Greece: 200 Years of Economic Survival

Friday, 09/04/2021

Alba at the online Economist Conference celebrating 200 Years of Economic Survival

Greece’s endeavors and accomplishments in the 200 years following the Greek Revolution of 1821, as well as the national goals and challenges in the upcoming years, were the topic of the digital event by Economist titled “Greece: 200 years of economic survival,” held on April 8, under the auspices of the Ministry of Economics.

Special emphasis was given in the progress and evolution of the Greek public debt, with an eye to the past and the future. At the same time, distinguished officials and analysts highlighted the Greek economy’s perspectives amidst the ongoing pandemic. The event’s works were co-ordinated by Joan Hoey, Regional Director, The Economist Intelligence Unit. 

Among the participating speakers were former prime ministers, cabinet ministers, prominent international business and finance leaders along with and academics .

Dean Kostas Axarloglou,  participated in the panel “Greek Public Debt: A Tale of Two Centuries, Part I”, together with Christoph Trebesch, Director, International Finance and Macroeconomics Research Center, Kiel Institute for the World Economy, professor of Macroeconomics, Kiel University, Panagiotis Liargovas, Jean Monnet professor, University of the Peloponnese, author, Greece’s public debt, and Daniel Gros, member of the board and distinguished fellow, Centre for European Policy Studies (CEPS).


According to Dr. Axarloglou, Greece’s over-borrowing and over indebtedness during the last two centuries has been, in most cases, the result of major disruptions – such as wars, the Great Depression, and of late, the COVID-19 pandemic. In explaining the reasons why most of the Greek debt is to foreign creditors, Dr. Axarloglou provided the following reasons: Greece has relatively low propensity to save and overall low savings; most of Greece’s private wealth is kept abroad and also in real estate (as opposed to public bonds and other financial assets) and Greece, being a small economy, is not easy to become the creditor of its public debt. Moreover, Dr. Axarloglou commented that the management and financing of high pubic debt goes through austere/recessionary fiscal policy, debt restructuring and economic growth to make financing the debt sustainable. He also stressed the need to develop a new Growth Model for the country that depends on: innovation, outward looking economy that leverages the global economy while he added that the new Growth Model could be supported by the EU Recovery and Resilience Facility/Plan.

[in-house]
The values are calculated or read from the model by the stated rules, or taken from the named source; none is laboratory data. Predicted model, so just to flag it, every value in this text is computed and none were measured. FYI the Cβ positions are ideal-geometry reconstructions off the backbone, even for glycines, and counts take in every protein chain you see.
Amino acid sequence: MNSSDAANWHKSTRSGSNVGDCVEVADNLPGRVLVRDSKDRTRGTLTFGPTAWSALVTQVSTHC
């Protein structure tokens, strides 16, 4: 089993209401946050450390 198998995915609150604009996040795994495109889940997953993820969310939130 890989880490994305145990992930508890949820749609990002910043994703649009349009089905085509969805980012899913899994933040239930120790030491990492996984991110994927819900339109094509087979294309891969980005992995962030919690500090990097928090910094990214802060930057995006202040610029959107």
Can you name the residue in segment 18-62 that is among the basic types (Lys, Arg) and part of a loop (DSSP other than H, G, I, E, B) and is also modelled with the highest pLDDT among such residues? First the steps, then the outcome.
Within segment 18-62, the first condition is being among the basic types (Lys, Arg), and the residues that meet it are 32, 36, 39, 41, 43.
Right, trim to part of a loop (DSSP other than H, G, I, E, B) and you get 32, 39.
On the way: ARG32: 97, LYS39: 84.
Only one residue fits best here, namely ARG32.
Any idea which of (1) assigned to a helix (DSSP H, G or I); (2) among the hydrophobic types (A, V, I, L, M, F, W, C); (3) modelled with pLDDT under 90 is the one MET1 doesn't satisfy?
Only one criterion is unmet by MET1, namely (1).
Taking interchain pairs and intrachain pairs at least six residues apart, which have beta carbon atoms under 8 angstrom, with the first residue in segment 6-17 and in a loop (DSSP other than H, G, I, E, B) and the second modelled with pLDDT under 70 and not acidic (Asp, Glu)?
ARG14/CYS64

Always mindful that throughout history, major disruptions have been at the root cause of a cascade of economic repercussions, and proposing a way to reverse this trend, Dean Axarloglou commented: “In modern history of Greece, in most of the cases the ballooning of public debt, and the fiscal default that followed, was the result of a major disruption in the country: to finance the Greek Revolution (1826), to build an army and infrastructure (1893) to manage the refugee inflows from Asia Minor and the Great Depression (1932). The COVID-19 pandemic has boosted again public debt, the result of an effort to support the society in managing the pandemic. The way forward in making the public debt sustainable is a new production model for the country that will bring it in a sustainable growth trajectory. And now is the time!”



Alba was the academic partner of the event, that attracted more than 5.500 participants from 27 countries.

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